An inventory management system, on the other hand, not only helps facilitate audits, but also creates a storage system that keeps your goods organized and optimized for distribution. You can also predict and manage demand, choose the ideal inventory management strategy for your business and find/develop partnerships with suppliers.

SAP BusinessOne Dashboard

Example of how a user can track product data within an inventory management system.

The Best Features for Your Inventory Audit Software

Now that you understand some of the key procedures performed during inventory audits, as well as how technology can help, it’s important to pick the right software. Regardless of whether you choose to implement a management system with more robust capabilities or a solution designed specifically to facilitate an audit, you’ll want to be sure to keep a few key features on your list of must-haves. The ideal software should possess the following benefits and features:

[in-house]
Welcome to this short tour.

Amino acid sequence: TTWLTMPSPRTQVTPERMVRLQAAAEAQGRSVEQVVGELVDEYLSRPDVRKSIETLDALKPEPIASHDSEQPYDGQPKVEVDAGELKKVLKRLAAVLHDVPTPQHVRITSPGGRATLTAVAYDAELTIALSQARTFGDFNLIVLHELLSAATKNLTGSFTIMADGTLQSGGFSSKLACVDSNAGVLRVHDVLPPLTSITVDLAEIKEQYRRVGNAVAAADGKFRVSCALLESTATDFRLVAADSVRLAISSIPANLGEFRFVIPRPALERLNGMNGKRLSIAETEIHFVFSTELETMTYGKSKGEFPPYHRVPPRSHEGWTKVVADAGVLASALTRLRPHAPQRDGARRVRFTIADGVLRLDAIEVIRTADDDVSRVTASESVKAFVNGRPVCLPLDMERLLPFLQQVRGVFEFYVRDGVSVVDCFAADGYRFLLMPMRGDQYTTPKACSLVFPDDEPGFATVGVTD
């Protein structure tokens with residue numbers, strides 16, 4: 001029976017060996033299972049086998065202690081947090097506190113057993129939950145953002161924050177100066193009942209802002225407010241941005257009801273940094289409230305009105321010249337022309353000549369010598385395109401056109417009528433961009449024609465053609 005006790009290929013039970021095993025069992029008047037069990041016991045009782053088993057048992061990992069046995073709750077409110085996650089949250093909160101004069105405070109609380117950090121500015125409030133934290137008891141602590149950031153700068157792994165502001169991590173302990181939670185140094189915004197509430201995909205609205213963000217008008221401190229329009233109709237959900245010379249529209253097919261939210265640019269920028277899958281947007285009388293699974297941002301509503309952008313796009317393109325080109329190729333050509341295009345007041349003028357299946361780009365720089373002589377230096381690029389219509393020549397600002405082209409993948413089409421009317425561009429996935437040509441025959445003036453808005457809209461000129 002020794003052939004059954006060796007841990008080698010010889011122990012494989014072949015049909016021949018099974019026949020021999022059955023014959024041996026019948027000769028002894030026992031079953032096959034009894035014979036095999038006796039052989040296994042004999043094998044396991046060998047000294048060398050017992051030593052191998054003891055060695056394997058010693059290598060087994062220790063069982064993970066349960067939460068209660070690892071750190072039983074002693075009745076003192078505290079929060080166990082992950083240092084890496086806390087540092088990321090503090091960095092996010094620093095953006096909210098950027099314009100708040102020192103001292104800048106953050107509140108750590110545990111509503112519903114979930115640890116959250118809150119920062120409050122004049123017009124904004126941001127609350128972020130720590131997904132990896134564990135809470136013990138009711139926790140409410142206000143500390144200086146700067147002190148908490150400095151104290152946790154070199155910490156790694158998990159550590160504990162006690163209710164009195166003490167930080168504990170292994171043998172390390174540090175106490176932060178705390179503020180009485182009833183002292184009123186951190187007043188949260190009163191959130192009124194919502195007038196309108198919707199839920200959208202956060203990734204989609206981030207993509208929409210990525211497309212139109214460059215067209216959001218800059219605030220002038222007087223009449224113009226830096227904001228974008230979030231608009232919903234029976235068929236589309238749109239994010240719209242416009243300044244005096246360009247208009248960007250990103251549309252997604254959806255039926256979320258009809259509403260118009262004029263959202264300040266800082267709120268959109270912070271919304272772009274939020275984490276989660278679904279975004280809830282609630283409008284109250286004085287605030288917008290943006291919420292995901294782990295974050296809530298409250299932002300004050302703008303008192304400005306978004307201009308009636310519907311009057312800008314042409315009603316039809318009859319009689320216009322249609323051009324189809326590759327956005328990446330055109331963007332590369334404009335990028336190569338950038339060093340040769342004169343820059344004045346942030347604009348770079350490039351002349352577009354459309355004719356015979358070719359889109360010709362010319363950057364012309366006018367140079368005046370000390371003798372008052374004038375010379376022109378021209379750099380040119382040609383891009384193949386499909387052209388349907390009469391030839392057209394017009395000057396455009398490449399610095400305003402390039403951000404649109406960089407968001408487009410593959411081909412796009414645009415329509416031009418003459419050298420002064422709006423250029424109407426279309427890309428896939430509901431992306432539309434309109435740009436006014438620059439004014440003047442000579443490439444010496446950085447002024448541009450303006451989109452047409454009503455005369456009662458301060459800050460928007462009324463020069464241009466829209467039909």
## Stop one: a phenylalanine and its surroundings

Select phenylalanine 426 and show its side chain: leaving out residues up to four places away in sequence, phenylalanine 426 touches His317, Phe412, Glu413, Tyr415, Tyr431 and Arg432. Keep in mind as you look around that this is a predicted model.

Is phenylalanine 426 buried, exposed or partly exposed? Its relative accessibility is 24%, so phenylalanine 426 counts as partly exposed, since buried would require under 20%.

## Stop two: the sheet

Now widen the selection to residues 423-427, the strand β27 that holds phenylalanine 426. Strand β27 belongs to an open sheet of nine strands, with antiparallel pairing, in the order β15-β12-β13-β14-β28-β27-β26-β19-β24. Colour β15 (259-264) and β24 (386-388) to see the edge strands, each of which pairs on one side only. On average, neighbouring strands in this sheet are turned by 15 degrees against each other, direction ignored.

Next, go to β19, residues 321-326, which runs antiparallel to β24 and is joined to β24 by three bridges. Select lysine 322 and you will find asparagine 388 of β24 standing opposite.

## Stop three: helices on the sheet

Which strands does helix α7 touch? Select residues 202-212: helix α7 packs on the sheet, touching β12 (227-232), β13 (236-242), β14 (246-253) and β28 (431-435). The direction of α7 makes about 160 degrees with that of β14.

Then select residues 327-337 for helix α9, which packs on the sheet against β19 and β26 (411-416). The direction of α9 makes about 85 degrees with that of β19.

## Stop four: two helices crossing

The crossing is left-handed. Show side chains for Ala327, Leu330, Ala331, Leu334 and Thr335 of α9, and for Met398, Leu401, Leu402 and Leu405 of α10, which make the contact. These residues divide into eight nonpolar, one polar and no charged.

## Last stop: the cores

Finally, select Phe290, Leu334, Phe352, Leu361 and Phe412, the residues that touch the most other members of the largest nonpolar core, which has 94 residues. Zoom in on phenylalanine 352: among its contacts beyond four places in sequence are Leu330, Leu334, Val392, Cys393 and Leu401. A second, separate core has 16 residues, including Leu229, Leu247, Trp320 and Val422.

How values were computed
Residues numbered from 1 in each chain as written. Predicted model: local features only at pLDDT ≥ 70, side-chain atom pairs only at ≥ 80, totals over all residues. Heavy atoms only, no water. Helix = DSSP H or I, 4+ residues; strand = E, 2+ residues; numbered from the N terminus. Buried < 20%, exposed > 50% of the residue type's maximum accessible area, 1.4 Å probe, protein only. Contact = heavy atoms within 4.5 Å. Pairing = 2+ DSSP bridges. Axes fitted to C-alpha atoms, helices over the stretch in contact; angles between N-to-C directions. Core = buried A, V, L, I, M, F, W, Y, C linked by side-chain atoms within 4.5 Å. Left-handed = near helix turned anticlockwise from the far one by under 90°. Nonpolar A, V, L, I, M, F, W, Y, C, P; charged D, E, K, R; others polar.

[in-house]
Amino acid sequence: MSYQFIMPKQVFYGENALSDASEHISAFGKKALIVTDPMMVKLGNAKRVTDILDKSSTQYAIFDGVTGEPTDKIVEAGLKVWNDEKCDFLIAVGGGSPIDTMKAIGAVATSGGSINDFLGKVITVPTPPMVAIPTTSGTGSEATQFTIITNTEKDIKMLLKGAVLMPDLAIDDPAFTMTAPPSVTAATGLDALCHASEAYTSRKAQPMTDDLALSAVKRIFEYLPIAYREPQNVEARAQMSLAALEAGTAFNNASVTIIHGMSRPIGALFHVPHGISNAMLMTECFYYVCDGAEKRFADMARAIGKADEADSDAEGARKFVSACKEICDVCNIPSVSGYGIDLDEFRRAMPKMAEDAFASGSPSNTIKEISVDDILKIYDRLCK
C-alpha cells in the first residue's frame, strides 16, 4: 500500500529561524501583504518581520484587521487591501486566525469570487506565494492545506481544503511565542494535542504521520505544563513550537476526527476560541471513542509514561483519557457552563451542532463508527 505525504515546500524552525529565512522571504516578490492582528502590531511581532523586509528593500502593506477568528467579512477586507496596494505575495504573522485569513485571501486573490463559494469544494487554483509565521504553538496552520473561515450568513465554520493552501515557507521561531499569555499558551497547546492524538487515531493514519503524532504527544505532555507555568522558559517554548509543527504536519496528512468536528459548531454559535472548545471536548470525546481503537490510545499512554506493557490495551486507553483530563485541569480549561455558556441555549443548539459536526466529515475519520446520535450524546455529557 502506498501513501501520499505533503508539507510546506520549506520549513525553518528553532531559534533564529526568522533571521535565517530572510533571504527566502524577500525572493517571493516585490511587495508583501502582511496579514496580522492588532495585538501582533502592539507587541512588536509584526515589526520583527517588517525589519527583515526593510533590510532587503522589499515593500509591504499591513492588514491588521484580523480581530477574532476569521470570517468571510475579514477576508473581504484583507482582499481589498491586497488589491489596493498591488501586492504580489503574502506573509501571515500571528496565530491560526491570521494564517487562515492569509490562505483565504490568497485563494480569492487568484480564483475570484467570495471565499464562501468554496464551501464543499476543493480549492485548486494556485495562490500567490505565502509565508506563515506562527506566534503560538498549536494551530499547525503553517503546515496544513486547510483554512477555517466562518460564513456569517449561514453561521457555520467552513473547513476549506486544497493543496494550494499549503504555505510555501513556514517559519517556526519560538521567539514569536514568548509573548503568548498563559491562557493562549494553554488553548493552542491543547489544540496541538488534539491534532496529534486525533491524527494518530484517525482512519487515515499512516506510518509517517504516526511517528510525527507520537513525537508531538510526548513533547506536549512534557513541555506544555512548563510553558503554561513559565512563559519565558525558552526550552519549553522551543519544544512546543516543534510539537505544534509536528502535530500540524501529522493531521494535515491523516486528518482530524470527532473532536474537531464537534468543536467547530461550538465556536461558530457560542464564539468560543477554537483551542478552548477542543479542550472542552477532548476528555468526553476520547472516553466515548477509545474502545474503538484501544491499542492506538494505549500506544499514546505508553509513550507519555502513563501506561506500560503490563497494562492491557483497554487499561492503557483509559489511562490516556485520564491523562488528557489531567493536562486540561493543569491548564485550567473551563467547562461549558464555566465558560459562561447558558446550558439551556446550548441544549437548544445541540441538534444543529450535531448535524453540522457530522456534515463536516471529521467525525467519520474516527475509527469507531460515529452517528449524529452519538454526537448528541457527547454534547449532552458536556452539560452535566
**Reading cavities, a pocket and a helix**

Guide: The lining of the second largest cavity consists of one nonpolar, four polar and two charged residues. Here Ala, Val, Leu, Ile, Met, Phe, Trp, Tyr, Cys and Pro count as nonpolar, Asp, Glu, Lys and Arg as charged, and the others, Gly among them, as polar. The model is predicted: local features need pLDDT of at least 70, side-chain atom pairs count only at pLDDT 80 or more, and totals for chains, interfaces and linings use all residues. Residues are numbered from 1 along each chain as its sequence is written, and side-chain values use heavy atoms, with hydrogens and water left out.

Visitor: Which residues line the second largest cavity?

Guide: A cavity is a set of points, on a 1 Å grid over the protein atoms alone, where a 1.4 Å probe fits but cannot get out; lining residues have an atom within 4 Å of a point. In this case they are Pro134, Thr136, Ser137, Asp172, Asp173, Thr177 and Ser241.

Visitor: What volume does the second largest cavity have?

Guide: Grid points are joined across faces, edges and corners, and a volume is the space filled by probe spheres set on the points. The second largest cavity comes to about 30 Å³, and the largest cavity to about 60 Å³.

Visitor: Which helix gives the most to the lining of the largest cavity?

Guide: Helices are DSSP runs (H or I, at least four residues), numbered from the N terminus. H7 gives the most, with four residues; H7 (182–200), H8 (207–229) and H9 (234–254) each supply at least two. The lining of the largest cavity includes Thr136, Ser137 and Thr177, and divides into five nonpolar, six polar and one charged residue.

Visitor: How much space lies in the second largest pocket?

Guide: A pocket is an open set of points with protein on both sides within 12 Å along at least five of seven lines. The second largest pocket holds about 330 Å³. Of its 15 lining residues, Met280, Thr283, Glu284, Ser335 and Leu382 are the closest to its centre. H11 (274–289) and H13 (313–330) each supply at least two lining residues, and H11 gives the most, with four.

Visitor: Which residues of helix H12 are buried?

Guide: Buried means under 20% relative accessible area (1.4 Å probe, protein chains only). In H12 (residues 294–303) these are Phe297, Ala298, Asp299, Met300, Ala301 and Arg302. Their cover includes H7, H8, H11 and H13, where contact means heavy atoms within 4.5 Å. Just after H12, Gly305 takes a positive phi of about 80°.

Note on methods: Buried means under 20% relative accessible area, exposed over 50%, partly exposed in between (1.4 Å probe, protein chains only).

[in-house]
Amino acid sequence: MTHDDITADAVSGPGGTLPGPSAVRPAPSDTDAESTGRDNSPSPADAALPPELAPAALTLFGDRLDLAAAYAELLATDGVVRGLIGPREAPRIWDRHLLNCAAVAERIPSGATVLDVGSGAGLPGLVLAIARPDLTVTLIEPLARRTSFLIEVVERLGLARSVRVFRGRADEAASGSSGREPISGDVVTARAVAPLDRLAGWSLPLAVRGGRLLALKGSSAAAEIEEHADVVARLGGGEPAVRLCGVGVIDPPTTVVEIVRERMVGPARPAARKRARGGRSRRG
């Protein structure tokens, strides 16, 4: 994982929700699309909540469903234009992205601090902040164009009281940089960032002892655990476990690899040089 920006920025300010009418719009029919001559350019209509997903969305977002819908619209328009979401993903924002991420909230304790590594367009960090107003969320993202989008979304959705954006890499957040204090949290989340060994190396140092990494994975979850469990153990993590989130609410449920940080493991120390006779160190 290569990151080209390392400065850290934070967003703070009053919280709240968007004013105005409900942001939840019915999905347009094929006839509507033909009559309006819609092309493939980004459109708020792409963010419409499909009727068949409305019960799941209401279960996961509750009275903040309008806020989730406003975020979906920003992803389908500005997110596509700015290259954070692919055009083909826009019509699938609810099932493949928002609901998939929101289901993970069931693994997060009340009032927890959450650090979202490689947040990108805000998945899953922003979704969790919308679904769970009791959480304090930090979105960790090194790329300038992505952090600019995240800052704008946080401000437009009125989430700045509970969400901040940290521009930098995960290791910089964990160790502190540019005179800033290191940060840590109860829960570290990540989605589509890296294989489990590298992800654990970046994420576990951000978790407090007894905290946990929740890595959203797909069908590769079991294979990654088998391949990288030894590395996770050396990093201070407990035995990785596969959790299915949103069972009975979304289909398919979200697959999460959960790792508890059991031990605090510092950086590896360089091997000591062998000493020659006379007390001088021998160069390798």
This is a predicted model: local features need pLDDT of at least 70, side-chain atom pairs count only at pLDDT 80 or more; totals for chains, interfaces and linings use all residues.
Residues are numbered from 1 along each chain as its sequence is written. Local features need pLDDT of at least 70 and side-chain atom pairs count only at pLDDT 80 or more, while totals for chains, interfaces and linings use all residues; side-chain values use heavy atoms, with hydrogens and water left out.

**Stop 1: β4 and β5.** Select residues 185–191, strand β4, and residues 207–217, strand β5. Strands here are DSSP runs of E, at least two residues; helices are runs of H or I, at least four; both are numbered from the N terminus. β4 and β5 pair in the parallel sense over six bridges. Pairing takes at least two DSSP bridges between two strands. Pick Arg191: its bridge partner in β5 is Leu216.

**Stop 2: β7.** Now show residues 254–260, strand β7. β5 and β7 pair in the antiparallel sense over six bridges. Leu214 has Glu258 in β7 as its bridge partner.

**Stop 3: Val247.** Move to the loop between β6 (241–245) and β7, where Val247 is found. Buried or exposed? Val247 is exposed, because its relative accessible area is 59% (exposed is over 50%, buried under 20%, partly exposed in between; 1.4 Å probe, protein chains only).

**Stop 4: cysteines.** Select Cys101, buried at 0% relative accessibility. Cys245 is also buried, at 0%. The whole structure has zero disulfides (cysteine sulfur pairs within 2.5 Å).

Reduce Preparation Time

Scheduled audits at the request of a third-party auditor require you to gather all of your paperwork. This can be time-consuming and tedious if your team has to sift through mountains of documents, and even worse if they’re stored in various places. This software lets you prepare accurate reports in minutes. As a result, you save time for yourself and the auditor.

Make Verified Data Accessible

Work orders have common qualities (i.e., asset stocking, ordering, tracking and inventory processes) that should be recorded and made easily accessible during the audit. With this software, these common qualities are stored and made available to auditors with just a few keystrokes, thus relieving unnecessary headaches.

Facilitate Scanning and Tracking of Assets

A built-in barcode scanning tool is a top priority. Scanning each item automatically records and stores data into the software. If there’s no built-in scanning feature, ponder how easy or difficult it would be to integrate this function into the software.